High-quality topsoil will help your plants grow faster and healthier. Because it is so important to the growing process, both veteran and aspiring gardeners and landscapers often have the question of if they can make their own topsoil, and if it is worth it. The answer to the first part of that question is a resounding yes! It takes nature thousands of years to naturally produce topsoil, but we can manufacture our own in hours or days, depending on our resources.
Steps to Making Topsoil
- Make the Nutrient Base. To create a base of nutrients, you’ll need to use either compost that you’ve created yourself, or else purchase fertilizer from a gardening supplies provider. If you’re planning on creating topsoil yourself, consider starting a compost heap in your home.
- Add Minerals. Healthy topsoil needs a variety of different minerals to grow healthily. Examples of minerals that are required in topsoil include the following: zinc, iron, copper, sulfur, and chlorine. Different plants may need different minerals. To know what minerals are already in your compost, you’ll need to conduct a soil analysis.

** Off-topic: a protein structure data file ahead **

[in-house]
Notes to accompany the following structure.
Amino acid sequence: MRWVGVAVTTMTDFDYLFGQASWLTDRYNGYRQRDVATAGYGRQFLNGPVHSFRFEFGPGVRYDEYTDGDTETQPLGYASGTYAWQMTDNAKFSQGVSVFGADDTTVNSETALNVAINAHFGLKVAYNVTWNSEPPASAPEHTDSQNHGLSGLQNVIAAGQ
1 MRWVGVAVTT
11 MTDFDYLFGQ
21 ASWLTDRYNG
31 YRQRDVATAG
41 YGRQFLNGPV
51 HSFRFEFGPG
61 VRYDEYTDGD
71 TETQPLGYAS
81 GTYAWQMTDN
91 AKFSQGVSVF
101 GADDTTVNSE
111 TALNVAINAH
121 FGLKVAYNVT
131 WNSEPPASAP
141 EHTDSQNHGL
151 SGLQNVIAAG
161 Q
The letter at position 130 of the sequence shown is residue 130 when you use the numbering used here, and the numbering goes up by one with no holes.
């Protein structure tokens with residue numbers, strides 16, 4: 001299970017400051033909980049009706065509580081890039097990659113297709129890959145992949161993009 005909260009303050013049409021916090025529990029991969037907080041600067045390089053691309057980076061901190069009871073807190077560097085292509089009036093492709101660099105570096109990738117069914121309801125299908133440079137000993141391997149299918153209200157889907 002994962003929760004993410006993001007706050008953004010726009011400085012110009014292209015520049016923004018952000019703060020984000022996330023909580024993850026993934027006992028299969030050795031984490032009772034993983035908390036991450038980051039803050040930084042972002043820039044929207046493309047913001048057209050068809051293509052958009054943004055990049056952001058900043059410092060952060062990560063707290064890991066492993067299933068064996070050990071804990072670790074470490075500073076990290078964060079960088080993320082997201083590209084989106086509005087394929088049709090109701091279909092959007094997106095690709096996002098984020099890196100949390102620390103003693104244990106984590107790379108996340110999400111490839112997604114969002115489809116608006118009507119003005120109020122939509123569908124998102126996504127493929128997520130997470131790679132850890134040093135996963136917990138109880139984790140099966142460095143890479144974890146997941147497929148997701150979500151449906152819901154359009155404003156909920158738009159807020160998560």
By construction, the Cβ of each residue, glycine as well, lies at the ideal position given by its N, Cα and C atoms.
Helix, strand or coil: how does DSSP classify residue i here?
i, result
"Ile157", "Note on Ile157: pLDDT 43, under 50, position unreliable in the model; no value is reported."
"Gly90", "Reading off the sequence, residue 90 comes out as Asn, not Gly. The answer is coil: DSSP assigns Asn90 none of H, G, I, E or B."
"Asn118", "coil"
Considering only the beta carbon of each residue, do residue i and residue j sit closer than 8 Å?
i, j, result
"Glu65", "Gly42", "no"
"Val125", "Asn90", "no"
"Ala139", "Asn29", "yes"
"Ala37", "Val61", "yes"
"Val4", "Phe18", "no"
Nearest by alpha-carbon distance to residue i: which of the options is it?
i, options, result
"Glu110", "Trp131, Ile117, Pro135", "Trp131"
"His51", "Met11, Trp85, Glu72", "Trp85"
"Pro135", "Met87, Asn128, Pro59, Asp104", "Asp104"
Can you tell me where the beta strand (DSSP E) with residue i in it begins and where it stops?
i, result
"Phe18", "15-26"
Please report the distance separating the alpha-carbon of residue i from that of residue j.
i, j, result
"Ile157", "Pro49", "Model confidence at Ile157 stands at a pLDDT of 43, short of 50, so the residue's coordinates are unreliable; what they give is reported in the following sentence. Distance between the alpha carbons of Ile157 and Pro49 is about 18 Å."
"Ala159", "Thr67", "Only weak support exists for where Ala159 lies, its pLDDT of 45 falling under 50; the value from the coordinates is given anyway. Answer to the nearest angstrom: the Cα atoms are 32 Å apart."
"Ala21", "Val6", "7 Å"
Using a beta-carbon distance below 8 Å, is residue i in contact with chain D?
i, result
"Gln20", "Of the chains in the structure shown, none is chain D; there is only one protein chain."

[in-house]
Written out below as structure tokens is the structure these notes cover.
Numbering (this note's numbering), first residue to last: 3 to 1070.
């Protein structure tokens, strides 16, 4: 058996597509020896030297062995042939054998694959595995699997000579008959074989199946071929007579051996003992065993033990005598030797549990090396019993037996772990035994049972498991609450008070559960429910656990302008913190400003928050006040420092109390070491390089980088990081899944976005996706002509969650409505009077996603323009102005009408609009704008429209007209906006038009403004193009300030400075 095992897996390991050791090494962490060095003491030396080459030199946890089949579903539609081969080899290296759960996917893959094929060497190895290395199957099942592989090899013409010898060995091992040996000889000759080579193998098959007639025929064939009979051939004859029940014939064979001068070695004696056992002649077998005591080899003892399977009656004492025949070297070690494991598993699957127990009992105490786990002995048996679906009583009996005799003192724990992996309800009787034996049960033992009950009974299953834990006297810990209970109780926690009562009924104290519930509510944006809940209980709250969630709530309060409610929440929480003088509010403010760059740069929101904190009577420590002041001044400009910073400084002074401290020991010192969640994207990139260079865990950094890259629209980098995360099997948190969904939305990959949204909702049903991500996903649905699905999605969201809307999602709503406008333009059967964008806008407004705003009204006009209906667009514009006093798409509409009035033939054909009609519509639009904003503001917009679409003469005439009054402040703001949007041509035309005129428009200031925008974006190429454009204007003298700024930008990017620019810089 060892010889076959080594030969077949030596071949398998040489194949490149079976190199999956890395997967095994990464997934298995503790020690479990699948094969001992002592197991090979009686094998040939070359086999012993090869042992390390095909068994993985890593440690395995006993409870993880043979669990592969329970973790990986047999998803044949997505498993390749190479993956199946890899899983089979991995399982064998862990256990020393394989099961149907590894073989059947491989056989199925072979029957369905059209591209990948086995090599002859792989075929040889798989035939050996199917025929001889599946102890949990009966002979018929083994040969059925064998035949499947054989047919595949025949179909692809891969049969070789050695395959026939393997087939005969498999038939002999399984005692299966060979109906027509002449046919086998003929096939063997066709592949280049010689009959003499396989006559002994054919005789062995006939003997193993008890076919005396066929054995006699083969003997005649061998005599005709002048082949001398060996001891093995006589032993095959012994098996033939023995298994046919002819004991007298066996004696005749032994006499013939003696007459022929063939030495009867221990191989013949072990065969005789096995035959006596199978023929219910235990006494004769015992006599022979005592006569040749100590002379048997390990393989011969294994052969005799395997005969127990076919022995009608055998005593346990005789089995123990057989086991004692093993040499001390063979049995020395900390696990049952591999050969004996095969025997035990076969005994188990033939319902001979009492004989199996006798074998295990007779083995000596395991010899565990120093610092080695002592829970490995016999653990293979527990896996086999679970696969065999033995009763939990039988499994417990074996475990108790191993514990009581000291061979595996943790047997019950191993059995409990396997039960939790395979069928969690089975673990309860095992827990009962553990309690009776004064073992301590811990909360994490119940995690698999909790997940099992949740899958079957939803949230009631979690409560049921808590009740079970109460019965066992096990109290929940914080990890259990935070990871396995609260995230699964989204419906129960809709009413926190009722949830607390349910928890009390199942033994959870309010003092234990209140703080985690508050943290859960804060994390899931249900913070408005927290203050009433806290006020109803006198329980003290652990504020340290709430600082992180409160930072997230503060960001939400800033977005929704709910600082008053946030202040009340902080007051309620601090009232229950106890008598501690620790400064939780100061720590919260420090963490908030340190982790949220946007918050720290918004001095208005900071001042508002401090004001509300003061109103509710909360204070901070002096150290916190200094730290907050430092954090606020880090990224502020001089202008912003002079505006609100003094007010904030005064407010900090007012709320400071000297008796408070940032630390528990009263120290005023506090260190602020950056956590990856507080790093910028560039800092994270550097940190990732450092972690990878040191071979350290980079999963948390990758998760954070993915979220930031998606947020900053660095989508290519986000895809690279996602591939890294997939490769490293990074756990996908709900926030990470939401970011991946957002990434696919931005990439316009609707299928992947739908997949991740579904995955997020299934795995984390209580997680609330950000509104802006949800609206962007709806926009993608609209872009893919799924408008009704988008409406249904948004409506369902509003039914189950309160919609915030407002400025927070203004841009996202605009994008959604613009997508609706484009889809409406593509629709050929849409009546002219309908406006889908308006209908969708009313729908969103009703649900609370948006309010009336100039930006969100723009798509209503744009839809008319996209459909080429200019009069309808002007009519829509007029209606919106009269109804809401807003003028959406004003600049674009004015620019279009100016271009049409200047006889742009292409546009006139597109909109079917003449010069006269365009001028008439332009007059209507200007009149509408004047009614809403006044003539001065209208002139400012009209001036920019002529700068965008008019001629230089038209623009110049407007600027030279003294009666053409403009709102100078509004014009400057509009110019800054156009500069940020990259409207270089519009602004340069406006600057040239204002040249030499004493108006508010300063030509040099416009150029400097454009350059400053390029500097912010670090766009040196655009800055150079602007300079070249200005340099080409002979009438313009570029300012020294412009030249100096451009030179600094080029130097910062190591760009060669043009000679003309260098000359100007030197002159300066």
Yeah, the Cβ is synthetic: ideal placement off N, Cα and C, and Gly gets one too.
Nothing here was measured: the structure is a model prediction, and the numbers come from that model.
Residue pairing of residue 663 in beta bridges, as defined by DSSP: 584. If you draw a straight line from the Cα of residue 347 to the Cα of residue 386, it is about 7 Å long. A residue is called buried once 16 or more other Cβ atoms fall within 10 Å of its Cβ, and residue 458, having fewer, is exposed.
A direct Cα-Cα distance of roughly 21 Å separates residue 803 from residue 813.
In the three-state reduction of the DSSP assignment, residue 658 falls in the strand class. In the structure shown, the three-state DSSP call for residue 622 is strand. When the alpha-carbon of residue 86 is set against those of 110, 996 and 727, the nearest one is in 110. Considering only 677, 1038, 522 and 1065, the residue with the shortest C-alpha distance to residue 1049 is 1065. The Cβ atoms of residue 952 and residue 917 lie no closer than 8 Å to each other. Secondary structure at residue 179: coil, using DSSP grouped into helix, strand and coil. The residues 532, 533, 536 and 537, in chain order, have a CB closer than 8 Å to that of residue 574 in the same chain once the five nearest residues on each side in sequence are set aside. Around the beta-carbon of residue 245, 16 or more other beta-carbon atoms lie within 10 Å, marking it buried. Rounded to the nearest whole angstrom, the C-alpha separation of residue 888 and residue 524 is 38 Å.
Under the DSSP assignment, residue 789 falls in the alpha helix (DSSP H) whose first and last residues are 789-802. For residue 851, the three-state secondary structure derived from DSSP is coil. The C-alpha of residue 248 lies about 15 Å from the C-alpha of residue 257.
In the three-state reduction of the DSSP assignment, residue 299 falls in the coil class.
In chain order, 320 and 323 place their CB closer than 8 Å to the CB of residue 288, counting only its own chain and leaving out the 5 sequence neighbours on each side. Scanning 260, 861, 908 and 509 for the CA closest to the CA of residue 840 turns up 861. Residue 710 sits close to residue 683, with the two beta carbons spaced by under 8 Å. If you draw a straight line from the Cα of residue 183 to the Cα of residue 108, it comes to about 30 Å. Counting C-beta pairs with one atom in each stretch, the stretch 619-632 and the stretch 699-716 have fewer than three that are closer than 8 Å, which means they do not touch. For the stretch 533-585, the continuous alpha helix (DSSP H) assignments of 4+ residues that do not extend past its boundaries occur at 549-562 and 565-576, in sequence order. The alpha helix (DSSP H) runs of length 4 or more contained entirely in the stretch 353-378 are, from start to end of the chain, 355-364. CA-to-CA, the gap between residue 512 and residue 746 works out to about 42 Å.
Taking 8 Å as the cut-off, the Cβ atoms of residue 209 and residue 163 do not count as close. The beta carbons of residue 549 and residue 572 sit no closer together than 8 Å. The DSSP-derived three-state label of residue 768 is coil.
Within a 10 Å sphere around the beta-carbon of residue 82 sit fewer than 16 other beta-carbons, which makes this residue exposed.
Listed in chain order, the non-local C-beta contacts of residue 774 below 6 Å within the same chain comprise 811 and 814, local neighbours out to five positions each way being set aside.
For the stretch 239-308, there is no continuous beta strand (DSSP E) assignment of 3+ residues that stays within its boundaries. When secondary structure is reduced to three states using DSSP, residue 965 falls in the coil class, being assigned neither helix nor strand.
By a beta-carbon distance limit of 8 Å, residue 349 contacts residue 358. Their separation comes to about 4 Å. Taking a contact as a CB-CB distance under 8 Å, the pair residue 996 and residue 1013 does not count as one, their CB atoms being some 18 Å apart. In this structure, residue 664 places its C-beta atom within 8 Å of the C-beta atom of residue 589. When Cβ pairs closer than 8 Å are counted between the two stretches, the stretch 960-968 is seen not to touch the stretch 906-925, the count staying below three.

- Add Organic Matter. Dead plants are incredibly necessary for growing living ones, as are other types of “organic matter.” When building compost for your topsoil, you should be throwing in dead leaves, grass clippings, coffee grounds, and other types of things that cause natural decomposition.
- Control the Acid Levels. Acidity levels in soil play a huge role in plant health. Some argue that it is the most important component of topsoil. In order to know the acidity of your soil, you’ll need to have a soil analysis done. Generally, the proper levels are somewhere between 6.0 or 6.8 pH. However, different plants require different levels.
- Aerate. If your topsoil is too tight, it will suffocate the plants, which need oxygen in the root system to properly grow. After laying your soil down, use some gardening tools, such as rakes or pitchforks, to unpack and loosen the soil.
- Add Moisture. Finally, you’ll need to add water to complete the process. When finishing creating a layer of topsoil, you want the soil to be moist enough to clump up, but not be completely soaked.
Should You Make Your Own?
Is it a good idea to make your own topsoil? That depends on the context. The steps above usually necessitate that you have taken prior steps, such as creating a compost heap. So it may not be feasible for you at this time to do so. Likewise, there are a lot of things that can go wrong when creating topsoil. Because of this, you may decide to take the safe route and purchase commercial options that meet specific acidity and nutrient standards. Regardless, it’s important to know what components make up topsoil to be an efficient, well-rounded gardener.